• Spring back into action with timely treatment for your ailing knee
  • Swing ahead in your performance with a renewed shoulder
  • Don’t let pain steal your best move
  • Joint replacement surgery the key to an active life

Sever's Disease:  Most common foot pain problem in adolescents

Sever's Disease:  Most common foot pain problem in adolescents

Heel pain is a common problem for young athletes. It is more common in boys, but becoming common in young girls as well, as similar sports are being played equally as often. It frequently develops in pre-adolescence, about 9-10 years old. The pain is usually sports and activity specific. Typically it occurs in sports with heel cleats. Most of the time there is no pain with normal walking in comfortable tennis shoes.

Since heel pain is also common in adults, it is tempting to assume the problem is the same. Typically in adults the problem is "plantar fasciitis". Unfortunately, this assumption is wrong. The difference in kids and adults is the fact that the growth plates in the feet are still open. This, in fact, is the origin of this pre-adolescent problem. The growth plate at the back and bottom of the heel bone is called a secondary growth center. The Achilles tendon and plantar fascia attach to this secondary growth center. The problem that develops is chronic irritation of this secondary growth center. The problem is probably multi-factorial, meaning that no one problem causes it. It is likely that a combination of a tight heel cord (Achilles tendon), high arch, and direct pressure repetitively over the area directed locally by the cleats, result in the culmination of a stress reaction to the growth center.

On examination, it is unlikely to discover any significant clinical findings, including localized pain. This is what differentiates this problem from the adult "plantar fasciitis". On x-ray, the heel bone secondary growth center can show fragmentation and increased density, but these findings can also be found in kids with no heel pain. The diagnosis is truly a clinical diagnosis based on history and patterns of pain.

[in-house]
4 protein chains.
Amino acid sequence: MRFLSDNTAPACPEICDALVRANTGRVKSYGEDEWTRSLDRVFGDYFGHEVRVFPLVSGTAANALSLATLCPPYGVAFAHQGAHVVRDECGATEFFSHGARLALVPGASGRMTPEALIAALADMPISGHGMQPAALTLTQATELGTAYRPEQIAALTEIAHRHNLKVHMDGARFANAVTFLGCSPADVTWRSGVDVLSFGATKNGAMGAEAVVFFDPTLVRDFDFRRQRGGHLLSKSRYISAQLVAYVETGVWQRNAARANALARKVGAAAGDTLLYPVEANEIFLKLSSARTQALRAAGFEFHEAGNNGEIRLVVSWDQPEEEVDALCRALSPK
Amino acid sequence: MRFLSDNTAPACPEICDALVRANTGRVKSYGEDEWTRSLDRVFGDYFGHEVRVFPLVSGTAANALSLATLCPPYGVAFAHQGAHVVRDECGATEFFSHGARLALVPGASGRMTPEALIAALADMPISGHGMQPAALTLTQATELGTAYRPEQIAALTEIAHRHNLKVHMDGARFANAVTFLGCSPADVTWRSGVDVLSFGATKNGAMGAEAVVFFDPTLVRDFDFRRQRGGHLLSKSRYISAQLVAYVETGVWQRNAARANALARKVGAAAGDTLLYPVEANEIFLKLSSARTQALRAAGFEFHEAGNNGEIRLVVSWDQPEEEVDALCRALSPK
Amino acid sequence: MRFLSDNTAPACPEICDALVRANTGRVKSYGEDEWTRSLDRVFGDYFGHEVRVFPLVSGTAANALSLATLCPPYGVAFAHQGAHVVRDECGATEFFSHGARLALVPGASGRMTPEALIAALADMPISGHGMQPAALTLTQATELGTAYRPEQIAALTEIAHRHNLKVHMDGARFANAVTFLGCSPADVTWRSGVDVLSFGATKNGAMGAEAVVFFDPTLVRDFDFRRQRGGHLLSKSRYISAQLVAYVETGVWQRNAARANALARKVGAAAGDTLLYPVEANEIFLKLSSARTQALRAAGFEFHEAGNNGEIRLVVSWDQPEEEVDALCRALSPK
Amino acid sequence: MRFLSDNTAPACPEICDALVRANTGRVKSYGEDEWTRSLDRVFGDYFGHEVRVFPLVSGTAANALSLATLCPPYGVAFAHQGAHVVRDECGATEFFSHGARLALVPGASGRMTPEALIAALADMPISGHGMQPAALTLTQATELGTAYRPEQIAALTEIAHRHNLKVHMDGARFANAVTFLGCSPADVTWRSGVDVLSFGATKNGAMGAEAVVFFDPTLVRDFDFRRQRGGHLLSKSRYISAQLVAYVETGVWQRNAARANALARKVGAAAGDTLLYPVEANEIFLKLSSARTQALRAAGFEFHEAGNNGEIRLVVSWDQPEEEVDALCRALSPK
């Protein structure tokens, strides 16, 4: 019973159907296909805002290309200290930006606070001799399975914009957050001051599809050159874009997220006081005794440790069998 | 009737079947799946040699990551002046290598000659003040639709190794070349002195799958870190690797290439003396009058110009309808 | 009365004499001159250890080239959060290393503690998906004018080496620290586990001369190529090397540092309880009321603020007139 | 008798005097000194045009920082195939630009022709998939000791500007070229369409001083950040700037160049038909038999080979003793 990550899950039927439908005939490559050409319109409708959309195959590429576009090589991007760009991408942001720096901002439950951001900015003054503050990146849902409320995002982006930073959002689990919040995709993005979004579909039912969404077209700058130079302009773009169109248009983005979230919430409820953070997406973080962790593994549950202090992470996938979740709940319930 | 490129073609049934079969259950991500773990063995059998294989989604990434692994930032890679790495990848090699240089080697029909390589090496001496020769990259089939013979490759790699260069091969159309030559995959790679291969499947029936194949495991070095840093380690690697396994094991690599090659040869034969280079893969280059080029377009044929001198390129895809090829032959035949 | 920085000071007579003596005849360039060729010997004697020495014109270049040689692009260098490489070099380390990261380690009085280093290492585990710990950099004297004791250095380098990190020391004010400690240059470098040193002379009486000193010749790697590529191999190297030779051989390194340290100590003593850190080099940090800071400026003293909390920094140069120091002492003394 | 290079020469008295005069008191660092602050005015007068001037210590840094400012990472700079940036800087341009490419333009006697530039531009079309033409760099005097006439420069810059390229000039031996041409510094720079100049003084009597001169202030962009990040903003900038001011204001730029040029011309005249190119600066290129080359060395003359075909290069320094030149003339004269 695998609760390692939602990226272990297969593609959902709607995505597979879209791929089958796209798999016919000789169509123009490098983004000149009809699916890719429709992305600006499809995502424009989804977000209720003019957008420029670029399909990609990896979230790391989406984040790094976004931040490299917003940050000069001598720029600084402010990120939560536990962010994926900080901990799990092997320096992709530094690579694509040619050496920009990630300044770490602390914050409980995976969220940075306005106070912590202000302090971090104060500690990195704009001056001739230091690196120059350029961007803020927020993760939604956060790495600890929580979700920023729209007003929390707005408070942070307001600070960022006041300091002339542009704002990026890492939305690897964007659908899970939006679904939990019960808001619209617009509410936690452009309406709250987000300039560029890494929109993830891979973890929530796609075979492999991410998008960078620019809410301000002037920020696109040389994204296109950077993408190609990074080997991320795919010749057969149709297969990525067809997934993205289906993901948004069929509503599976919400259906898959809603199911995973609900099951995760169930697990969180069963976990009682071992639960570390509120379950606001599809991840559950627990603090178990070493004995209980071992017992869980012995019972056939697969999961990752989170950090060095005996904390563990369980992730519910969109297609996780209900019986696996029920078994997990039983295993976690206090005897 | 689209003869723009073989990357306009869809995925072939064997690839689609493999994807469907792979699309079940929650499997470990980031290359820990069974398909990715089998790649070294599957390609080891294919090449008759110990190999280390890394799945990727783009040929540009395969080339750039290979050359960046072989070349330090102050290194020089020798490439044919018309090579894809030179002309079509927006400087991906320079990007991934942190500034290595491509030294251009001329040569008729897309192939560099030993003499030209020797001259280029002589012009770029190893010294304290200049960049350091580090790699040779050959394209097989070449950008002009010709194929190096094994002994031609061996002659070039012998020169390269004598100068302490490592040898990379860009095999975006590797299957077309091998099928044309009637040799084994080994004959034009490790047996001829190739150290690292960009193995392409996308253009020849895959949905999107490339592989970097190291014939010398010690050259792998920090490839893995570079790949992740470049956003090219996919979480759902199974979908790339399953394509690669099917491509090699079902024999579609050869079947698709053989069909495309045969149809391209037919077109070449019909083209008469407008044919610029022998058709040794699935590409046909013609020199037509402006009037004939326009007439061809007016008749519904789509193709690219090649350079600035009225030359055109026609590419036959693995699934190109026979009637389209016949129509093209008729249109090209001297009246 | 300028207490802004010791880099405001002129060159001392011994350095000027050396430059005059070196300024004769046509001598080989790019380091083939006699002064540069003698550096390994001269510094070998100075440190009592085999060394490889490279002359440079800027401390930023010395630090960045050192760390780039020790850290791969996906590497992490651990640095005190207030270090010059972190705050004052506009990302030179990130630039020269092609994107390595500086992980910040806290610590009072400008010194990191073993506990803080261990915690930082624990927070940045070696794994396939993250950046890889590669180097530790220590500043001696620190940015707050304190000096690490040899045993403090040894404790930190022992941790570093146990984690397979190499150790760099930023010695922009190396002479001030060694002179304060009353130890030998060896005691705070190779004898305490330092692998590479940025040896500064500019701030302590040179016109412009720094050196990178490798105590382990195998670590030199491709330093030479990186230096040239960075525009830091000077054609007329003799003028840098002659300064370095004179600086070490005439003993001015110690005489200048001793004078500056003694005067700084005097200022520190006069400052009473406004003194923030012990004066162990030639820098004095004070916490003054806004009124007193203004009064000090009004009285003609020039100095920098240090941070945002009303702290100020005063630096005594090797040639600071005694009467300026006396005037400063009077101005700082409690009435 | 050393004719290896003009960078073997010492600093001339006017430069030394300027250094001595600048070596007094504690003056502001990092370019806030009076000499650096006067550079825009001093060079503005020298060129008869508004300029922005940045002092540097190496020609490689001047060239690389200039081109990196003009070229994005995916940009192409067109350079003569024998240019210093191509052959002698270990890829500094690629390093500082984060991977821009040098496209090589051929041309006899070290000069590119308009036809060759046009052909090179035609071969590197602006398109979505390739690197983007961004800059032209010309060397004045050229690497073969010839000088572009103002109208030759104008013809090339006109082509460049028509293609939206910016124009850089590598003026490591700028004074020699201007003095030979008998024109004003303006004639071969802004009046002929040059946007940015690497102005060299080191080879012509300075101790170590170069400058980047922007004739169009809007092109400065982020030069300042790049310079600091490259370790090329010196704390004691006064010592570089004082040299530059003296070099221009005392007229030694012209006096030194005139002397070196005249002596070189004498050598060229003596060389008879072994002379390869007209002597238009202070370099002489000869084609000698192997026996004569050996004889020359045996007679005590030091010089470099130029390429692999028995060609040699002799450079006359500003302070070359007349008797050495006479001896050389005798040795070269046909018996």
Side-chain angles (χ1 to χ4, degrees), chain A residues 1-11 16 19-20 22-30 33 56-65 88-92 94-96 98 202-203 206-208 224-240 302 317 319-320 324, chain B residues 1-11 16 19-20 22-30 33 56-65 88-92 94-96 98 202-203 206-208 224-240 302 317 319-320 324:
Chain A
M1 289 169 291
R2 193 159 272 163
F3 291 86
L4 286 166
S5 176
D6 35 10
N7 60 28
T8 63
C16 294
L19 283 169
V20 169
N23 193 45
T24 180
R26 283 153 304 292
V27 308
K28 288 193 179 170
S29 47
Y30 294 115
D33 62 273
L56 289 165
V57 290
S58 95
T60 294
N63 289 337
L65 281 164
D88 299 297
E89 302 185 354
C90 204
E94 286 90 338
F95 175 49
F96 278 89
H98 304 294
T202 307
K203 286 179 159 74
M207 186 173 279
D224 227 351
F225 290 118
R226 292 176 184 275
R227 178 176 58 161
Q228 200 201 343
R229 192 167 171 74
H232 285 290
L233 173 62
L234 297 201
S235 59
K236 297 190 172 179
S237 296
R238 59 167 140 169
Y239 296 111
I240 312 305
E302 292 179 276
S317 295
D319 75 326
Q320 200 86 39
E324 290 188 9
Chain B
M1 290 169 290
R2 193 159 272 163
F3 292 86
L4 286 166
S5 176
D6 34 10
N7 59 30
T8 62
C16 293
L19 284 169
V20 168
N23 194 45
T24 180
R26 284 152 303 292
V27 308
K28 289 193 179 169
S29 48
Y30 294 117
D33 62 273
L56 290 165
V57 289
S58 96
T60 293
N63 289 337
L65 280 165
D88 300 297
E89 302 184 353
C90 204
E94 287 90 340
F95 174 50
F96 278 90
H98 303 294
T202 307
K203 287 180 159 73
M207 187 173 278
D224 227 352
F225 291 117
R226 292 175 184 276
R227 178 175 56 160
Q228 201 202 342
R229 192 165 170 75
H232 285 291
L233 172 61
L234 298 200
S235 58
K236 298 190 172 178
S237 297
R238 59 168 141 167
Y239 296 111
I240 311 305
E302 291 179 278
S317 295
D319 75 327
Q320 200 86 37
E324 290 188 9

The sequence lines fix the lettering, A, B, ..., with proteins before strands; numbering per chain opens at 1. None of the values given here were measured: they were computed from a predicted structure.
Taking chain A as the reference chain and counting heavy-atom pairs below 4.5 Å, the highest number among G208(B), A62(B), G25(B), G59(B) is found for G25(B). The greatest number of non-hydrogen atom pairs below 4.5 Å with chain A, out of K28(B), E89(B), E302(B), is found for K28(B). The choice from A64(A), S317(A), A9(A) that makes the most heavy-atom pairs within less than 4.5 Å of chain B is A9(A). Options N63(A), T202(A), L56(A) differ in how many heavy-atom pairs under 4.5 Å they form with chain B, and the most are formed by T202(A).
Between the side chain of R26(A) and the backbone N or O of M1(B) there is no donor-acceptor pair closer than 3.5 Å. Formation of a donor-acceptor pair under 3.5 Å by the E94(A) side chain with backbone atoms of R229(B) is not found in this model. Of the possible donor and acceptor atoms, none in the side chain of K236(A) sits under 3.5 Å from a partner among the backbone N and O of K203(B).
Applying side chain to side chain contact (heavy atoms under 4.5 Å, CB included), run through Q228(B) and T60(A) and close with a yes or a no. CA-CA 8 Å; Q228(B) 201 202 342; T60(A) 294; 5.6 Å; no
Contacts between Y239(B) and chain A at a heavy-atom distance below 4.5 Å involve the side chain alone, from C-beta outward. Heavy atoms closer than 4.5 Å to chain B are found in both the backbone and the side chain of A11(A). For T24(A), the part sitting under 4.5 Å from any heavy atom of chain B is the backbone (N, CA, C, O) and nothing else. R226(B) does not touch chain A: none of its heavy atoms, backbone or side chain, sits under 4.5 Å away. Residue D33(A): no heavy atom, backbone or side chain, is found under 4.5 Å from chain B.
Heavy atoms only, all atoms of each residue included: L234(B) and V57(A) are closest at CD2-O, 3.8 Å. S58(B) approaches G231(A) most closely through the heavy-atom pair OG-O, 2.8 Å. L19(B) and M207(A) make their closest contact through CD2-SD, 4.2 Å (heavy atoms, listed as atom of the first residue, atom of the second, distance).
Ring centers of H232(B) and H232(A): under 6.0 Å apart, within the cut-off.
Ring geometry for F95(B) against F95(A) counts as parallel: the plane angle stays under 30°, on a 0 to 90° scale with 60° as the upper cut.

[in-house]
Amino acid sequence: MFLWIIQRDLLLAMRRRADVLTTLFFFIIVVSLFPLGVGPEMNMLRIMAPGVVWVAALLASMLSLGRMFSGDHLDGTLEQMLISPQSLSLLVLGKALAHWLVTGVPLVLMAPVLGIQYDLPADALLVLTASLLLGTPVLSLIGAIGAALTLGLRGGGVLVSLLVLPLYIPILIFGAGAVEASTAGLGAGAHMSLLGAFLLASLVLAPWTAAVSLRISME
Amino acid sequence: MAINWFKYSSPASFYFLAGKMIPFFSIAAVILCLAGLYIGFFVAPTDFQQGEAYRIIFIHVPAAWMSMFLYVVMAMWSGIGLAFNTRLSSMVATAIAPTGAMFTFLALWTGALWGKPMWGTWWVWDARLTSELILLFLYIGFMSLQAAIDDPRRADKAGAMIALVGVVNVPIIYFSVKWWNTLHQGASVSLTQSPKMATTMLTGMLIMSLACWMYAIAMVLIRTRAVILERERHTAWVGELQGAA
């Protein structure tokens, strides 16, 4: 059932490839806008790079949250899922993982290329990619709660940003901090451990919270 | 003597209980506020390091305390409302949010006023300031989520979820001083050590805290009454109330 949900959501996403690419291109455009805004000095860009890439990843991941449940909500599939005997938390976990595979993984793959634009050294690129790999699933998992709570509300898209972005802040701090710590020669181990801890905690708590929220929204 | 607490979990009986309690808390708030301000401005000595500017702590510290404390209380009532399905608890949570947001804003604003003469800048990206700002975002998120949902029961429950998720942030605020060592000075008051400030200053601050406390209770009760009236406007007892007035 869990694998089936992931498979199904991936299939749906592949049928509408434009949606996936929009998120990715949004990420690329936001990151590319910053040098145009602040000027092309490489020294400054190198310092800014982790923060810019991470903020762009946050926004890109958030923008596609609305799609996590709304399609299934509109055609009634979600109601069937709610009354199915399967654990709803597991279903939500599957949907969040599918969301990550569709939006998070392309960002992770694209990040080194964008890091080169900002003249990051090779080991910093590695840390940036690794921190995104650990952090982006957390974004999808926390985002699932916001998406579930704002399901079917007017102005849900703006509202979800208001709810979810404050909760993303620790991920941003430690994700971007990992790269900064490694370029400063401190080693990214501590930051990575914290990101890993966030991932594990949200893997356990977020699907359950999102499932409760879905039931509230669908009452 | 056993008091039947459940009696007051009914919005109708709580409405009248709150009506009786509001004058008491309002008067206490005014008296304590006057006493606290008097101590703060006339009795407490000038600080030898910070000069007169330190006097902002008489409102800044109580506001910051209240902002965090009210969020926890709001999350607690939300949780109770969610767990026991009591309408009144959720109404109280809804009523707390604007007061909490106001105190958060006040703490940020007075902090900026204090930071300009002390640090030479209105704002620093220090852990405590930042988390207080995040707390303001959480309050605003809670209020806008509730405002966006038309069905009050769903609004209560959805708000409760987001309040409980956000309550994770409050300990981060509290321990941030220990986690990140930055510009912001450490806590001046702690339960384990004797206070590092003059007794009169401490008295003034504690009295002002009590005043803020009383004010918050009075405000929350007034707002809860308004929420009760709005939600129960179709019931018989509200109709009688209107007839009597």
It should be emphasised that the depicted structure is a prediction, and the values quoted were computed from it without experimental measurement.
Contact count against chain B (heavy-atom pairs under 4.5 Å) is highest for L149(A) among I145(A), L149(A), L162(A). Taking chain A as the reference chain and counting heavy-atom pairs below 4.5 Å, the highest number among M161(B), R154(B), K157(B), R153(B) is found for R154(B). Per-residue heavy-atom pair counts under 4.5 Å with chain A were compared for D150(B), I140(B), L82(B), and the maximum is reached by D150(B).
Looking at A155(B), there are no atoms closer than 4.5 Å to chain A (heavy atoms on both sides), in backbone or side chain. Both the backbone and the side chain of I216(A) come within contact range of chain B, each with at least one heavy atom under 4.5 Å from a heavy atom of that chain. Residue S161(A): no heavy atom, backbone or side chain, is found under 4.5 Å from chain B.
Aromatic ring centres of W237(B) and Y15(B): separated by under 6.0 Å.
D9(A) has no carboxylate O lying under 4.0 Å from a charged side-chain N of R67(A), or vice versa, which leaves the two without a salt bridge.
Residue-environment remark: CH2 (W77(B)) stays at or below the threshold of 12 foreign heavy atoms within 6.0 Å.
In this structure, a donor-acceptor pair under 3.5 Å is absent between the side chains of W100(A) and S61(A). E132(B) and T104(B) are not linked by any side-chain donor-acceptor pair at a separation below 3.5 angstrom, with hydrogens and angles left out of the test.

Treatment is basic. If treatments recommended seem complicated or overly involved, then something is wrong. Symptomatic relief is what is sought. To achieve this, common sense is employed. Use pain as a guide for activities. Orthopedic research indicates no harm will come from trying to continue sports even despite the pain. Good supportive shoes at all times should be worn. All shoes should provide arch support and heel padding. No barefootedness. Adding comfortable arch supports to shoes or cleats can be of assistance. Over-the-counter anti-inflammatories, such as ibuprofen, usually do help. Ice after activities can help. The most important element of treatment is stretching of the foot and heel cord. This should be done multiple times per day. Changing from traditional cleats to an all-turf type of shoe can help.

Most importantly, all kids outgrow this problem. When the secondary growth center fuses to the rest of the heel, the problem resolves. This usually occurs around 12-13 years of age. Until that time, if the pain becomes overwhelming, then sports should be reduced, and an evaluation by a Sports medicine specialist should be sought. A referral to formal physical therapy can help with pain control and stretching.